When we talk about risk factors we mean those factors, be they non-modifiable (such as age, sex and genetic make-up) or modifiable (levels of physical activity, dietary intake, obesity, smoking, alcohol consumption, and stress) that contribute to the risk of the person developing a heart-related disease. “Cardio-vascular” (that relating to the heart and blood vessels) diseases include angina (as a result of blocked arteries), heart attacks, strokes (which follow the same developmental pathway as a heart attack, but occur in the brain), and thromboses (think of venous thrombo-embolisms we are warned about when flying). There are also conditions that in themselves are illnesses, but are also risk factors. These include diabetes, high cholesterol and high blood pressure.
In the world today we face a “3-4-5” Scenario. Three behaviours (smoking, insufficient physical activity and poor diets) result in four diseases of lifestyle (chronic obstructive pulmonary disease (emphysema), cardiovascular disease, cancer (various forms) and diabetes) and these together result in 50% of deaths worldwide.
The important thing about the “3-4-5” scenario is that the three factors responsible for 50% of global mortality are modifiable risks! We have the power to determine whether we will become a statistic or not! That is a very positive, and very optimistic fact: the reality is that as humans we lack the innate motivation and drive to change our habitual lifestyles. Perhaps I can offer some motivation that might encourage you to consider the ‘lifestyle choices’ you are making.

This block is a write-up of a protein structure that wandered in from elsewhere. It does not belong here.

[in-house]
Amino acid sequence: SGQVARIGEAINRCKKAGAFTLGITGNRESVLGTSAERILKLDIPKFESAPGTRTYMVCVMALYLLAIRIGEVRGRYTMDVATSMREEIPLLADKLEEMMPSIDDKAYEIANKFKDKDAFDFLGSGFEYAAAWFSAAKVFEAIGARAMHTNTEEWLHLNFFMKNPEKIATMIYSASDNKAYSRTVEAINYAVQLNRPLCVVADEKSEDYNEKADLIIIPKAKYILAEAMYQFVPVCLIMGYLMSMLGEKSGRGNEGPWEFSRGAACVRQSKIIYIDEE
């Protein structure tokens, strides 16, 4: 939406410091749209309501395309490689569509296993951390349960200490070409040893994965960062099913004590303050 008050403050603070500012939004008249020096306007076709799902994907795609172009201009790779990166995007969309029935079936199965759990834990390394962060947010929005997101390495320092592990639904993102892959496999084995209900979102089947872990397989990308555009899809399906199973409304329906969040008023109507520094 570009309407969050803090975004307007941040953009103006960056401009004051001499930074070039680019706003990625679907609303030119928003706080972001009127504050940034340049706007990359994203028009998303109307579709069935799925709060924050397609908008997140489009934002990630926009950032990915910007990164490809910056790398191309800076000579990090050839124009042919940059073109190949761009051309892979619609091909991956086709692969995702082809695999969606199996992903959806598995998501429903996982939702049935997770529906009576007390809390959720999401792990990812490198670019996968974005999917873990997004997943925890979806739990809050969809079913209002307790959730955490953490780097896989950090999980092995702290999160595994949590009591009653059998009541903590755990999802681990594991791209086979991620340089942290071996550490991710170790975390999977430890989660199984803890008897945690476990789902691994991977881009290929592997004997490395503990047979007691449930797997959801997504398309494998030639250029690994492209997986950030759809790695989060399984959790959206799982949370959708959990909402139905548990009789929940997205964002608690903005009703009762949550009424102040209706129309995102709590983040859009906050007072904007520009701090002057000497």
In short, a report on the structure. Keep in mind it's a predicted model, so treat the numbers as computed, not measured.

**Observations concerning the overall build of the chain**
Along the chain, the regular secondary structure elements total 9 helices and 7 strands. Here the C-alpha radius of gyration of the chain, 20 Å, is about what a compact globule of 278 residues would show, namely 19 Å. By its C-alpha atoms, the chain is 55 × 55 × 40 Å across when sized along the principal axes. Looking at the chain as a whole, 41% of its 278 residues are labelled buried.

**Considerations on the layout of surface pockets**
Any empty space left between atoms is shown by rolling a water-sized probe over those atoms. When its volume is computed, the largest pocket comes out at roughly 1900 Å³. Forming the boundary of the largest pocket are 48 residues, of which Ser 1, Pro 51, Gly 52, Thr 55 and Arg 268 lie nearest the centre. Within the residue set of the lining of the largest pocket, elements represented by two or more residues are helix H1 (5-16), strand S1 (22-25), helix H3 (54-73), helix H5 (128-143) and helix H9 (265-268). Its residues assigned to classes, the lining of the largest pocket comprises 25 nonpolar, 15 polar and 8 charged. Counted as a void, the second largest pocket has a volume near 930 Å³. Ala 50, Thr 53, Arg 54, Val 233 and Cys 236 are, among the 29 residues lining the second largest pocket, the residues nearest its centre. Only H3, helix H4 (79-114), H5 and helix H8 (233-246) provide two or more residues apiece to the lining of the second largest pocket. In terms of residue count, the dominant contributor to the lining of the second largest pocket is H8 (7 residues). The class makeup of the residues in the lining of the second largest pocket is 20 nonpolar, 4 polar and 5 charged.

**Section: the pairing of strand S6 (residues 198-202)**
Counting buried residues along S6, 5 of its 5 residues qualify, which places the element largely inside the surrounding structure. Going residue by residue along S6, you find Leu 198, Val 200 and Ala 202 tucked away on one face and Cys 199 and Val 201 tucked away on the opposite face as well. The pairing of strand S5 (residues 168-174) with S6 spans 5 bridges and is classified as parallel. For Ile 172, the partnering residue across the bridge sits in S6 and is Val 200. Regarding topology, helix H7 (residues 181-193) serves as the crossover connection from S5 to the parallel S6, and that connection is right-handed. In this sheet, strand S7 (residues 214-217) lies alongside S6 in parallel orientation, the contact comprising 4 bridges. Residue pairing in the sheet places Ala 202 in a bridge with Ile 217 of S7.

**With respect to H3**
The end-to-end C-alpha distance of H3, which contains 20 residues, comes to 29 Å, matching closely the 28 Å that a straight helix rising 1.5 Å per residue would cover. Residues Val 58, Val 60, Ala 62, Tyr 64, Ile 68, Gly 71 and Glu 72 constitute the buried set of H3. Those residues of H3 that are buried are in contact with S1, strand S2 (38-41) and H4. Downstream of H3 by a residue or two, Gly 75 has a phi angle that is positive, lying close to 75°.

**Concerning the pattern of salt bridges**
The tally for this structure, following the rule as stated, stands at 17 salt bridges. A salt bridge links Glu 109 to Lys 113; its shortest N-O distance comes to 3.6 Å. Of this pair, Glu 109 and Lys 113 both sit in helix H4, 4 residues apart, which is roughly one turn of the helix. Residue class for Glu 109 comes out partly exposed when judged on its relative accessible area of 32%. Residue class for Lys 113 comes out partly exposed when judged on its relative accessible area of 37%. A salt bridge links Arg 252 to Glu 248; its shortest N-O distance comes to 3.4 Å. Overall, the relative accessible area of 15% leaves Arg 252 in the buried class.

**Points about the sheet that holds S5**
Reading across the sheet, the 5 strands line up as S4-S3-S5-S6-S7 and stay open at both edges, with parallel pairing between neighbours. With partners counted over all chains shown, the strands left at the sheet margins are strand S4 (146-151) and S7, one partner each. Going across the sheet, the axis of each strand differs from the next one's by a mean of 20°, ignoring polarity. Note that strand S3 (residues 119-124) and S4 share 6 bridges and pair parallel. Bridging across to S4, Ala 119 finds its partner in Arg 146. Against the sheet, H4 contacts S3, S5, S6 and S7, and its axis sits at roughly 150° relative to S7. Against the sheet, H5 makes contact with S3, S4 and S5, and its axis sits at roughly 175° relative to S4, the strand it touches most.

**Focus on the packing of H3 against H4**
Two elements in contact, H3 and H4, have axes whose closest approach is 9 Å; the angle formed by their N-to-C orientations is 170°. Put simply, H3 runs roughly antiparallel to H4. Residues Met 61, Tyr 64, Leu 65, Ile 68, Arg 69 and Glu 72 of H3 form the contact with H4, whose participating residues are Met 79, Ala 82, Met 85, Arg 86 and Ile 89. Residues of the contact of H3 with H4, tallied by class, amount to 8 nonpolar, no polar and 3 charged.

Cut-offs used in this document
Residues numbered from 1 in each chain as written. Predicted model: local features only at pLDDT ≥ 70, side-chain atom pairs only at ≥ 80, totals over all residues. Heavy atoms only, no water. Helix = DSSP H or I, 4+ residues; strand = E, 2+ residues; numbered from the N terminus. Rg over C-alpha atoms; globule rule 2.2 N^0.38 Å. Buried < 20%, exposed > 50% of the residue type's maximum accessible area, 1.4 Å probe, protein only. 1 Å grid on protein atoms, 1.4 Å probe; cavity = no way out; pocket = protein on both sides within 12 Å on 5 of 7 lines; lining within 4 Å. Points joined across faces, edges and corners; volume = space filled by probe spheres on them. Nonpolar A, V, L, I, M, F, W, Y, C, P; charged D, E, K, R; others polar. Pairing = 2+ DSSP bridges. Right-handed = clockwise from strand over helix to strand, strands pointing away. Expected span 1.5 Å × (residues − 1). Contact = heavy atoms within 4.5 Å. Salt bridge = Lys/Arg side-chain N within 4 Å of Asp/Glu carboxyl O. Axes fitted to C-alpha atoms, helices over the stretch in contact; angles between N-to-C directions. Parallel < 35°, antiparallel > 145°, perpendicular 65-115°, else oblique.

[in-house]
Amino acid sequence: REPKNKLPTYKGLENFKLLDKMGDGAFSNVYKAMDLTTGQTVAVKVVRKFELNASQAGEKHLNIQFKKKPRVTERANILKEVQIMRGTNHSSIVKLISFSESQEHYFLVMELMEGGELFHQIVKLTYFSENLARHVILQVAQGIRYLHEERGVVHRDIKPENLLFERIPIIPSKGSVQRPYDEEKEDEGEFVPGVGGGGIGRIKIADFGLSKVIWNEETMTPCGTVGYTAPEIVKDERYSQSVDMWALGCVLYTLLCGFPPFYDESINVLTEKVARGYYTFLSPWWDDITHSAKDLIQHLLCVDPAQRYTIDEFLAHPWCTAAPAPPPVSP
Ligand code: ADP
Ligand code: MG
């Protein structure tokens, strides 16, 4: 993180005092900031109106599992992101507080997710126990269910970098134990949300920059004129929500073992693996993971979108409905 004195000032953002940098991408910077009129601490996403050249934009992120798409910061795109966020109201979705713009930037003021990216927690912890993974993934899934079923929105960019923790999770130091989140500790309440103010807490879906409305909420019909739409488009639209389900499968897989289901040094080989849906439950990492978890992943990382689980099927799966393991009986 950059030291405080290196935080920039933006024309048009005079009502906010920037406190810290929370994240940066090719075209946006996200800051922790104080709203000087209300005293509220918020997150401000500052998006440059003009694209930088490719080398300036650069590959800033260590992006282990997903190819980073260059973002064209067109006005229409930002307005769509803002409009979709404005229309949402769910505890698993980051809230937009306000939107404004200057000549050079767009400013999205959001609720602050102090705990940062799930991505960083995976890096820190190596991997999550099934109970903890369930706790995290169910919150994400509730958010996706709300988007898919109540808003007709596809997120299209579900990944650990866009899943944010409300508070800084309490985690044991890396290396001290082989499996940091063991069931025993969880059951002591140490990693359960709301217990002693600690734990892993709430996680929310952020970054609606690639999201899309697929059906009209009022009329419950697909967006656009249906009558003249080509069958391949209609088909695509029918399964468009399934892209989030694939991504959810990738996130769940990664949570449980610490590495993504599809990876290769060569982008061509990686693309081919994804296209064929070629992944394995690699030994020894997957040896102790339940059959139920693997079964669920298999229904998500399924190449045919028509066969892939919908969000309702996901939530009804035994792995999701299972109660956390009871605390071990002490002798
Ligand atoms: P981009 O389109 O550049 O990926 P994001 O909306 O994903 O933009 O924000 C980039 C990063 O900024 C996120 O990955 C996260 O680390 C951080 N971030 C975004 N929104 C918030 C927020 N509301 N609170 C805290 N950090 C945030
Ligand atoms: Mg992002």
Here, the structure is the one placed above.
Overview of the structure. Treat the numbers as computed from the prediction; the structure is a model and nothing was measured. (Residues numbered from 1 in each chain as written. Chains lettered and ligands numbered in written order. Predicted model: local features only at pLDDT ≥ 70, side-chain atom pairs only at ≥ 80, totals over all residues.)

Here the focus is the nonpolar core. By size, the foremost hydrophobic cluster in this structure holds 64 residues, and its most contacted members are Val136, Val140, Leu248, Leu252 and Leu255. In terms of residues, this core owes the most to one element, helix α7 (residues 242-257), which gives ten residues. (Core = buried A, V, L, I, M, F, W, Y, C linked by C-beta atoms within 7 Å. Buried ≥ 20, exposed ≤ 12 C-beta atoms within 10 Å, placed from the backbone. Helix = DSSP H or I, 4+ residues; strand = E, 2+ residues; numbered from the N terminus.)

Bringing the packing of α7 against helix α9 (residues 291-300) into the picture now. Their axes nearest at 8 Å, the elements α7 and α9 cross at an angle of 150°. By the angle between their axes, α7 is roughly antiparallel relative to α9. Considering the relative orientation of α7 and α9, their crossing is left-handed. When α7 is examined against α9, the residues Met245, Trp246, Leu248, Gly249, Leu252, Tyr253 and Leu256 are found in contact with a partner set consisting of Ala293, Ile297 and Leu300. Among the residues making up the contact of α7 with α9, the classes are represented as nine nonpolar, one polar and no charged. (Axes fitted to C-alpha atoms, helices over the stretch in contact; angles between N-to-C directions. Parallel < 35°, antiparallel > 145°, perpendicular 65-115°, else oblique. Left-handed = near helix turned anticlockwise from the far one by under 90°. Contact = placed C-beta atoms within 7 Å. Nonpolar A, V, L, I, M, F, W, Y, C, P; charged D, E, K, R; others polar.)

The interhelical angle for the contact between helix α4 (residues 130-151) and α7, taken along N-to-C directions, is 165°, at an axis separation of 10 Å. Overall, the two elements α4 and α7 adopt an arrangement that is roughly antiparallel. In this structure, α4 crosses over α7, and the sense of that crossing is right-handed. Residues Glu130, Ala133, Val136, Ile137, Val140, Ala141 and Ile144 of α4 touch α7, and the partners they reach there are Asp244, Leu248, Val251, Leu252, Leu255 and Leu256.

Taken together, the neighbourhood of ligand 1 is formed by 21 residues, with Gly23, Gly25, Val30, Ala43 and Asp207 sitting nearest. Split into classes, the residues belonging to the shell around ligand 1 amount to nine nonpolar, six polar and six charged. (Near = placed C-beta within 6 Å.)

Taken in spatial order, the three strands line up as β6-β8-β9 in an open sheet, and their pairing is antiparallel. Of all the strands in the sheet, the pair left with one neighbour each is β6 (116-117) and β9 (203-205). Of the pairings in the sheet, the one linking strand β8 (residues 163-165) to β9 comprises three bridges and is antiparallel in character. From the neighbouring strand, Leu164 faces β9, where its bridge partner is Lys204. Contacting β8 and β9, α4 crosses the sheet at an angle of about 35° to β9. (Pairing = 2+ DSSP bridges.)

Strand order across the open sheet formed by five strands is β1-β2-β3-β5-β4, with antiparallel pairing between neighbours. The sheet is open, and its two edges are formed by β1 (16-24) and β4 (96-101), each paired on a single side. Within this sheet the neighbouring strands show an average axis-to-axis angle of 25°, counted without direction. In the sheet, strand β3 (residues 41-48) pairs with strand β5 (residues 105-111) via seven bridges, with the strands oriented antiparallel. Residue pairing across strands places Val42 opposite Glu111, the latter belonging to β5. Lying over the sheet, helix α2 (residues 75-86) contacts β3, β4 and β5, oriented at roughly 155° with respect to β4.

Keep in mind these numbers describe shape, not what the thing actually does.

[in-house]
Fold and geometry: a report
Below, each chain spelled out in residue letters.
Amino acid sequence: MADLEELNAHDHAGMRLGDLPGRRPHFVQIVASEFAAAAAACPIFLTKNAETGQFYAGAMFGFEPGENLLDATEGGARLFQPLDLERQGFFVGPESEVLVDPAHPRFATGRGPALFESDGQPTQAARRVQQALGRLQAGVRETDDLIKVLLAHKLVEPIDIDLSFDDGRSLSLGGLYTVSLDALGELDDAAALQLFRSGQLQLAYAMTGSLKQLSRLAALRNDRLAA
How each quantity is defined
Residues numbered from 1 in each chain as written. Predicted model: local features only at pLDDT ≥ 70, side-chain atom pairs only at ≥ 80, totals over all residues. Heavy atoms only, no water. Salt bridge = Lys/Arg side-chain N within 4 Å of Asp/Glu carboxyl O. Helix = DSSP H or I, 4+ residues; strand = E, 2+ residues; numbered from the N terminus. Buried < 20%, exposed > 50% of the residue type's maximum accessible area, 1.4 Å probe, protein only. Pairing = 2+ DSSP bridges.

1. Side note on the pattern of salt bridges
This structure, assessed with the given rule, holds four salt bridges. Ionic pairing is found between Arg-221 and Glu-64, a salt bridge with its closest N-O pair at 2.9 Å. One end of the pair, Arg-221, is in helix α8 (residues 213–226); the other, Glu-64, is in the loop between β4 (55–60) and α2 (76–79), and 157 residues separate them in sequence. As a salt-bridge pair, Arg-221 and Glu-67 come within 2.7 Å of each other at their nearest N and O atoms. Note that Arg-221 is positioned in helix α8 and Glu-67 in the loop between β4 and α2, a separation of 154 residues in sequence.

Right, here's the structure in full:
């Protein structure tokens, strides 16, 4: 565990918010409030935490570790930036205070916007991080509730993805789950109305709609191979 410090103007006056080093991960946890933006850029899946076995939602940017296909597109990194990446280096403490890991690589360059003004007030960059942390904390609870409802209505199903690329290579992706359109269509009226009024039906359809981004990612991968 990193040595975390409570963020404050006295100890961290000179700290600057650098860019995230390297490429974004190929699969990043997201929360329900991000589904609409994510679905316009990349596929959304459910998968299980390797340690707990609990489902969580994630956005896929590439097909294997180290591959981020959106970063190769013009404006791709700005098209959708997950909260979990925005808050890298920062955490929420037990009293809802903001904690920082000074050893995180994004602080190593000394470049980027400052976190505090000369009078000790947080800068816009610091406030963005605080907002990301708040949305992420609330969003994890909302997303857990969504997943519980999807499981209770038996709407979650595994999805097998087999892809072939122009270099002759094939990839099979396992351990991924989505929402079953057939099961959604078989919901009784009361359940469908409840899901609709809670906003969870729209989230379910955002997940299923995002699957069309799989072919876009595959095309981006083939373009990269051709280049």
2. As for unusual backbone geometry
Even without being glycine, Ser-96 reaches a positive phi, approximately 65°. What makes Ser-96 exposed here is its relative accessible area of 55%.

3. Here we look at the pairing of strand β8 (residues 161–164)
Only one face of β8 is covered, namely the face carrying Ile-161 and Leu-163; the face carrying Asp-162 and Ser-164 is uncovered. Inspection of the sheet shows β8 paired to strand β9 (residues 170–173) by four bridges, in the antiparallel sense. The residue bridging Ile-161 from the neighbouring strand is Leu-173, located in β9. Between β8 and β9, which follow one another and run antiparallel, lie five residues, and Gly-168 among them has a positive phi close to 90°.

Factor 1: Poor dietary habits. Did you know that 60% of cancer cases are diet related? Current research suggests more often than not that many instances of cancer can be linked to poor lifestyle habits. What does this mean? Ensure that your diet consists of a variety of components, and all in moderation! If in doubt, seek professional guidance from a dietician. The big “no nos”: fried foods, sugar-laden foods, and processed or over-refined foods. Swop fried fish in batter for grilled fish, opt for wholewheat rather than white bread, brown rice rather than white rice. Cook up your own soup, don’t choose packet soup. No one is suggesting you should give up red meat or ice-cream, but don’t eat visible fat on meat and have that choc-vanilla soft-serve in moderation!
Factor 2: Insufficient physical activity. Estimates indicate that 60 – 80% of adults in the world today are not active enough. This means that 60-80% of the adult population does not manage to obtain thirty minutes of exercise on three days of the week (latest recommendations indicate that the ideal is to obtain thirty minutes of moderate activity on most, if not all, days of the week). If you stop and think about it that isn’t an entirely unrealistic goal, is it? A hint for those who find lack of time a problem (and thus, an excuse!) is that the thirty minutes of activity you should be getting daily need not be continuous. Two 15 minute sessions, or even three ten minute sessions have been shown to provide the same health benefits as one 30 minute session.
Finding those elusive fifteen minutes can be challenging: herewith some tips on how to do it:
· Record your favourite TV show: hour-long TV shows are actually only 45minutes duration so by skipping the ads you earn 15 minutes!
· Diarise your 15 minute workouts: things written in ‘black&white’ tend to get done!